Flavouring substances in food will, according to the European Commission, become even safer and more transparent thanks to two pieces of legislation adopted on Monday.
Only those flavouring substances featuring on the approved lists will be permitted for use by the food industry.
Used to alter the taste and/or odour of food, the EC said that flavourings substances have a long history of safe use in a wide variety of foods, such as soft drinks, confectionery, cereals, cakes and yoghurts, and have now been evaluated at EU level.
"Thanks to on-going efforts by the European Food Safety Authority (EFSA) and other scientific bodies, this legislation on flavouring substances will vastly improve the transparency of information to citizens and industry alike,” said John Dalli, Health and Consumer Policy Commissioner. “It will be easier for all concerned to know exactly which flavouring substances can be used in food."
These two new pieces of legislation will clarify and harmonise the use of flavouring substances within the single market.
The first Regulation provides for a new EU wide list of flavouring substances which can be used in food and will apply from 22 April 2013, giving time for the EU food industry to adapt to the new rules. All flavouring substances not in the list will be prohibited after a phasing out period of 18 months.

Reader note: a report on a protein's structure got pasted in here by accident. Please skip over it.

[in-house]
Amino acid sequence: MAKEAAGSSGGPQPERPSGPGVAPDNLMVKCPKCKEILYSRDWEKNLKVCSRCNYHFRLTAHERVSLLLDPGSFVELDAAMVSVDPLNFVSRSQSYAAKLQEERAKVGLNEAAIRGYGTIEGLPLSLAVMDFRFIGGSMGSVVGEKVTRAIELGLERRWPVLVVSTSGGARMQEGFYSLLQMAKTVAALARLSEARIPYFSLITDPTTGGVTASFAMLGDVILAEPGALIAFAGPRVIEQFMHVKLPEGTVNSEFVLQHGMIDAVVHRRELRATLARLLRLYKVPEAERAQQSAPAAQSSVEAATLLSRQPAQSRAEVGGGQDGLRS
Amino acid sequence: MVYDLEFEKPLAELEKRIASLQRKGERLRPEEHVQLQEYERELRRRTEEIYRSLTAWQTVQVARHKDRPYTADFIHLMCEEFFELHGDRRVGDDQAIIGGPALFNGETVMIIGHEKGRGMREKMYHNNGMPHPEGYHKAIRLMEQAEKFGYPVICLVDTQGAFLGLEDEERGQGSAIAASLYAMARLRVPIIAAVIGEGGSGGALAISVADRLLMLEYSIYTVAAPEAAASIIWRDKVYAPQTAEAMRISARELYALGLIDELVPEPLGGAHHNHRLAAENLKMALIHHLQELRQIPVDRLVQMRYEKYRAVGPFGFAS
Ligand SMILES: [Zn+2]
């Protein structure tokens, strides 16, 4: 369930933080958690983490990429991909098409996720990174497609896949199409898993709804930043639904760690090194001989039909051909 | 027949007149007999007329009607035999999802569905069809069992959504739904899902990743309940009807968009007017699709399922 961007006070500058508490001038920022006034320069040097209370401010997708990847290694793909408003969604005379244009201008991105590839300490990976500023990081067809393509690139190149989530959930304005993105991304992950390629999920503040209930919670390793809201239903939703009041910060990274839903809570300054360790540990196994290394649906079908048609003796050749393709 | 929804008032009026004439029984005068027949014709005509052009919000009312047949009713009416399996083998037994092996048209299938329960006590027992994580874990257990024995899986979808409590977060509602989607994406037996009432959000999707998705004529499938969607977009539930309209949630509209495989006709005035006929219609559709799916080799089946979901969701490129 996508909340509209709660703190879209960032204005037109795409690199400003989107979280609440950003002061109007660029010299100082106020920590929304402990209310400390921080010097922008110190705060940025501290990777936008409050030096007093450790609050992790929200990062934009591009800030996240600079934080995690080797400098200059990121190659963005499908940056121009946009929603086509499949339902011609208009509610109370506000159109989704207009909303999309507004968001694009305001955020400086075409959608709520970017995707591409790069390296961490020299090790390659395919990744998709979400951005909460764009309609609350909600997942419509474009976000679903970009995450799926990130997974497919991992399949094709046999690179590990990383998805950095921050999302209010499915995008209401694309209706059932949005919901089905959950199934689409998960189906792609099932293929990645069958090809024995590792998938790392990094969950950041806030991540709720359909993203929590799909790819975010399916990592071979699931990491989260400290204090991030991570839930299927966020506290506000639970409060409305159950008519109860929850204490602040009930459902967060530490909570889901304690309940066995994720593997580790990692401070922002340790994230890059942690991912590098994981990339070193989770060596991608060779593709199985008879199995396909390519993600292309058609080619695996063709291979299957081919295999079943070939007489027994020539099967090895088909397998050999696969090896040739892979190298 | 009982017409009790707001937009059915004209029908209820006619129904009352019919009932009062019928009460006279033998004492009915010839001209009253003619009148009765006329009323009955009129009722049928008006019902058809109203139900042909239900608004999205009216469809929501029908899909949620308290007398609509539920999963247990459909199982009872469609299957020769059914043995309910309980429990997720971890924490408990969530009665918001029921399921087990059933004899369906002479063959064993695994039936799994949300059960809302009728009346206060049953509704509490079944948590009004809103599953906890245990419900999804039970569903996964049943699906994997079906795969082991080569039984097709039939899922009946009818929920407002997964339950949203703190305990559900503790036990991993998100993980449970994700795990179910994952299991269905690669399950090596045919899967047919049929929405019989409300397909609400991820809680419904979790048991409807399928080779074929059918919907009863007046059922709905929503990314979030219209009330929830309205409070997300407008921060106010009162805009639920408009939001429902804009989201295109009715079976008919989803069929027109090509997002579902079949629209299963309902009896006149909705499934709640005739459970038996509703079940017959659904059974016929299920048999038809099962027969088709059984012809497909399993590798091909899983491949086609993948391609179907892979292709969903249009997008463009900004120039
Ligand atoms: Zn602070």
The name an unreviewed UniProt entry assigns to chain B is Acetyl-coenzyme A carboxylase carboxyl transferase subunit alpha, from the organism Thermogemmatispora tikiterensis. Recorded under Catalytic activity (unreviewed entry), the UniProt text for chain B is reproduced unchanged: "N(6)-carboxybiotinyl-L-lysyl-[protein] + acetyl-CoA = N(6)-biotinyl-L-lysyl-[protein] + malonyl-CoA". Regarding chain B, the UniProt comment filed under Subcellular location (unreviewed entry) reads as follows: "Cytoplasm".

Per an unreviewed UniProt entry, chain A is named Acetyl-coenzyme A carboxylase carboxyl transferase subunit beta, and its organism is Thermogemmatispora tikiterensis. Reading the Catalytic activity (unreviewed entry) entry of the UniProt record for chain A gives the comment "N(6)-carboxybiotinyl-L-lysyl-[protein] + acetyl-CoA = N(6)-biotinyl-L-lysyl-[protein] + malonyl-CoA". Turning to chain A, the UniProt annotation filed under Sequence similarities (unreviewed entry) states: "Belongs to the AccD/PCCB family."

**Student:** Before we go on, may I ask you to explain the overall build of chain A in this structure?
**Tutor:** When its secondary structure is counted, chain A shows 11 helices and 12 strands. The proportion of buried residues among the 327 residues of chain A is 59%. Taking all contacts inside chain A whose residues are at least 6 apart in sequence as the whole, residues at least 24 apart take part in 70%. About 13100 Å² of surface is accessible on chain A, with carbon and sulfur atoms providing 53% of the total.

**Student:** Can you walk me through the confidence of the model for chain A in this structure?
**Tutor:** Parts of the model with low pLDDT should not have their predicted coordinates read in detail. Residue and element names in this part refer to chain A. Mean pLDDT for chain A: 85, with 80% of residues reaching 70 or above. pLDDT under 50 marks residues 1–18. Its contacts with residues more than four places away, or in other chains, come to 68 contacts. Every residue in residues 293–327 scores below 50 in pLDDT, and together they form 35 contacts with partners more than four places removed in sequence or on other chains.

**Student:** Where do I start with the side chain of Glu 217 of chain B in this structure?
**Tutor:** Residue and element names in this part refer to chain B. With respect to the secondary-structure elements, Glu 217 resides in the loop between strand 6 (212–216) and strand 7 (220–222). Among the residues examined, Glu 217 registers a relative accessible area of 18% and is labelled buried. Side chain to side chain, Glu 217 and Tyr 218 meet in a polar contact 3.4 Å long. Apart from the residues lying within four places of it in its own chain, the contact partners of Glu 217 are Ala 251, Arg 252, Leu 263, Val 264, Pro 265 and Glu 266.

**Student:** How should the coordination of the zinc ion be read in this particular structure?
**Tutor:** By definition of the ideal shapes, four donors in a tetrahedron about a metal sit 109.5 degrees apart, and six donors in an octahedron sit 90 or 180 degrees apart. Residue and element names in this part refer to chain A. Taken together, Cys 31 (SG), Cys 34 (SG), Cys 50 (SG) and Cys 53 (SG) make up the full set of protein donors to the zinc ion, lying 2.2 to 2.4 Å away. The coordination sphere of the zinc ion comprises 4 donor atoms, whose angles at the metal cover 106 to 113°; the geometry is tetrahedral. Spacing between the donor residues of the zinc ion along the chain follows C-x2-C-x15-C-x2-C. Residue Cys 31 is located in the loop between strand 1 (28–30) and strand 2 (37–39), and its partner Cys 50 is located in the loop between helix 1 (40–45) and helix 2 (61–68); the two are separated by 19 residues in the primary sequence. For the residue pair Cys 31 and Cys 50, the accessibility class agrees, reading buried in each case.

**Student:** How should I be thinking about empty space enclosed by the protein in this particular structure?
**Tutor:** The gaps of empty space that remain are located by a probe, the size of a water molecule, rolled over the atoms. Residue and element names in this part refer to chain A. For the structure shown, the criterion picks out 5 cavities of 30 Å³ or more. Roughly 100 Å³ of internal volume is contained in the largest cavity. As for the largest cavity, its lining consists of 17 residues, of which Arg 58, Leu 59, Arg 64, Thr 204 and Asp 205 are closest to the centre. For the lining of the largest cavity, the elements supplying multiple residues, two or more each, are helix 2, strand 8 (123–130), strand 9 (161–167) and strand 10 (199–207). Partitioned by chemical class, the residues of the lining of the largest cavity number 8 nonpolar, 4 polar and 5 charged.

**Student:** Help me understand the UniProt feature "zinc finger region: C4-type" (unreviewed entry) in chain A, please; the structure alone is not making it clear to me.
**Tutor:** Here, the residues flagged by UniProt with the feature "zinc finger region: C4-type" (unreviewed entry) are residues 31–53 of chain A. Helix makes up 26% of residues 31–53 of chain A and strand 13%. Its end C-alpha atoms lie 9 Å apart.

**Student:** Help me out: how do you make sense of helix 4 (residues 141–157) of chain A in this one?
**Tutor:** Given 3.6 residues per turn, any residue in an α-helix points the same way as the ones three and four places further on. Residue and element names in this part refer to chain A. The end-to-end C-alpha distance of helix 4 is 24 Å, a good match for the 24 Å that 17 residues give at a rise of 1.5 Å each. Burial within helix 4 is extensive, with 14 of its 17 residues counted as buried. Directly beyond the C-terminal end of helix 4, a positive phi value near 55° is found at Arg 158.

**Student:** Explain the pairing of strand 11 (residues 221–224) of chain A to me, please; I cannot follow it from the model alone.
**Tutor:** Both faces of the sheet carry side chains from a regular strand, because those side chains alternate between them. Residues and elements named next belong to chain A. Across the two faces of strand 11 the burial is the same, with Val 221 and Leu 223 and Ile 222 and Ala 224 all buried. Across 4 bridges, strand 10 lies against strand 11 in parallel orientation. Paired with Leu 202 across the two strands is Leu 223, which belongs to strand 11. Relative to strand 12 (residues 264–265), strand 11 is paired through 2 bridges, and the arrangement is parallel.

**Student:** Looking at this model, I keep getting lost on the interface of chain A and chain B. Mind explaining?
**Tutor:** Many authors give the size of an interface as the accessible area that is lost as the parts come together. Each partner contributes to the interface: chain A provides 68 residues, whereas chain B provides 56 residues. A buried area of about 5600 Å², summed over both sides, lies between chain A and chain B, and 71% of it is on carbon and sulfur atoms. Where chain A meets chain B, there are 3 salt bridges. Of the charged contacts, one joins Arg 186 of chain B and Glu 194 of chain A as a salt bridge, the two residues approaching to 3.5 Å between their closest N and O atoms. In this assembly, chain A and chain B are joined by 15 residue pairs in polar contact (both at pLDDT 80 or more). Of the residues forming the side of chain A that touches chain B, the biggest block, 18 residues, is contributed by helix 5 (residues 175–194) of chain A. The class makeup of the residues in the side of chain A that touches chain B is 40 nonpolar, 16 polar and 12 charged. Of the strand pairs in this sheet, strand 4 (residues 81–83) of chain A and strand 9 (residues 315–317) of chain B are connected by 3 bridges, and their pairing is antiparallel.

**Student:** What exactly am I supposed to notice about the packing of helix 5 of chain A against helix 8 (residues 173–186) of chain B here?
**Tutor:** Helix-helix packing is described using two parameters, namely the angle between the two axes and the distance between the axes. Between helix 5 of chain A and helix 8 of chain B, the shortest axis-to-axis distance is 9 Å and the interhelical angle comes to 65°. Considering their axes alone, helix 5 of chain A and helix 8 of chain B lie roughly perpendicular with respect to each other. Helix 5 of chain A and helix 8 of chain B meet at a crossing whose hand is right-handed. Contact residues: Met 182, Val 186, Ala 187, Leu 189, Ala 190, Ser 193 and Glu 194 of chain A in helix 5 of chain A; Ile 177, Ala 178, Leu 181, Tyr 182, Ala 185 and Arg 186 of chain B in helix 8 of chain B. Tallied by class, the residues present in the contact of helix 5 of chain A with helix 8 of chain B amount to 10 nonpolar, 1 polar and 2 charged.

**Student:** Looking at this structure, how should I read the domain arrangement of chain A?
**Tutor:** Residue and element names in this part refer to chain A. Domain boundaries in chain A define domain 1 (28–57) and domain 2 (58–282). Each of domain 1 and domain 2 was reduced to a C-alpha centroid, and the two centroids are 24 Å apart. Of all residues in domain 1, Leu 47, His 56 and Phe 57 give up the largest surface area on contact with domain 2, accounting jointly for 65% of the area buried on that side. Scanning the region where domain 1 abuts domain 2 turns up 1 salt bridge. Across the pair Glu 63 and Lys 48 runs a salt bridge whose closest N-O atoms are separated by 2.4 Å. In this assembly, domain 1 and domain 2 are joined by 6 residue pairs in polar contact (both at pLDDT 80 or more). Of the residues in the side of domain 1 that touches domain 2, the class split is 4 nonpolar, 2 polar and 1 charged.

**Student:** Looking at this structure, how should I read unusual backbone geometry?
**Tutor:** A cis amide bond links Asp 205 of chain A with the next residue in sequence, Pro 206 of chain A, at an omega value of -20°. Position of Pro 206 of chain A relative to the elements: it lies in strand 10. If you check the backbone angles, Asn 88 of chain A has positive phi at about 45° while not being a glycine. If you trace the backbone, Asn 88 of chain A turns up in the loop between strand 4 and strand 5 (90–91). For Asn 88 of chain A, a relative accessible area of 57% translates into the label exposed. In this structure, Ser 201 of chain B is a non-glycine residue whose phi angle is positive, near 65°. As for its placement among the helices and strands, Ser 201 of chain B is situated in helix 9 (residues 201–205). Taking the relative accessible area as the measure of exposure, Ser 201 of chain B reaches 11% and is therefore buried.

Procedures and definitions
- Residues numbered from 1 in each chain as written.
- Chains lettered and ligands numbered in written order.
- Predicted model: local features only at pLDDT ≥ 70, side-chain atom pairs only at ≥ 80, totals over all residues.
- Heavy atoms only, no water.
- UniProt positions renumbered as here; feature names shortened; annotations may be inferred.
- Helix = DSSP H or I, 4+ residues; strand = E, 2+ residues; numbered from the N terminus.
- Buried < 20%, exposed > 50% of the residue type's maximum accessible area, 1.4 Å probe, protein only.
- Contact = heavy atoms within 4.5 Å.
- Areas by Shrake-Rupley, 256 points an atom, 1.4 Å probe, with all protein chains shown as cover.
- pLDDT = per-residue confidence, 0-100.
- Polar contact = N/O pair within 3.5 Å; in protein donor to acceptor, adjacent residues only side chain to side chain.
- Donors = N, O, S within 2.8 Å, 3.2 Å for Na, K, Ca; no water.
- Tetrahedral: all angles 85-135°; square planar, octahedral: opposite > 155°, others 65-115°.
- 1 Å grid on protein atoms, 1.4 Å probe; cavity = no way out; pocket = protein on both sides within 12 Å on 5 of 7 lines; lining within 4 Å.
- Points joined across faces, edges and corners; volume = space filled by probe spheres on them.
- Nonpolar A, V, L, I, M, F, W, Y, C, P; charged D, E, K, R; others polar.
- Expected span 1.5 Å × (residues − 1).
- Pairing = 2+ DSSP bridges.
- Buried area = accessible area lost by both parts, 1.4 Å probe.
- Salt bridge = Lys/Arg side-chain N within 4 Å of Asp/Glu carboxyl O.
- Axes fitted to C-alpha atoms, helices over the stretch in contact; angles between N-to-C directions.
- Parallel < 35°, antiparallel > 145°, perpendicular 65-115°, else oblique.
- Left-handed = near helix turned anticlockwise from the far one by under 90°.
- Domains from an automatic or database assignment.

The second Regulation concerns transitional measures for other flavourings such as flavourings made from non-food sources and will apply from 22 October 2012.
The new list includes over 2,100 authorised flavouring substances. A further 400 will remain on the market until EFSA concludes its evaluation. These have, said the EC, been used for a long time and have already been assessed as safe by other scientific bodies.
According to the EC, transparency and clarity of information is one of the main benefits of the new rules. The authorised uses of flavouring substances will be listed according to the category of food to which they may be added. Transparency will be improved as the list will also be available in an on-line database allowing consumers, food businesses and national food control authorities to easily identify which flavouring substances are authorised in food.
A flavouring substance may only be authorised if its use meets the following conditions:
- it does not, on the basis of the available scientific evidence, pose risks to the health of the consumer at the level of the proposed use;
- its use does not mislead the consumer.
When authorising flavourings, other relevant factors may also be considered. These could include amongst others ethical, traditional or environmental factors.
National enforcement authorities have the task to ensure that food containing any unauthorised flavouring substances is withdrawn from the market. They should also inform the European Commission and other Member States on the substance in question through the EU's Rapid Alert System for food and feed (RASFF).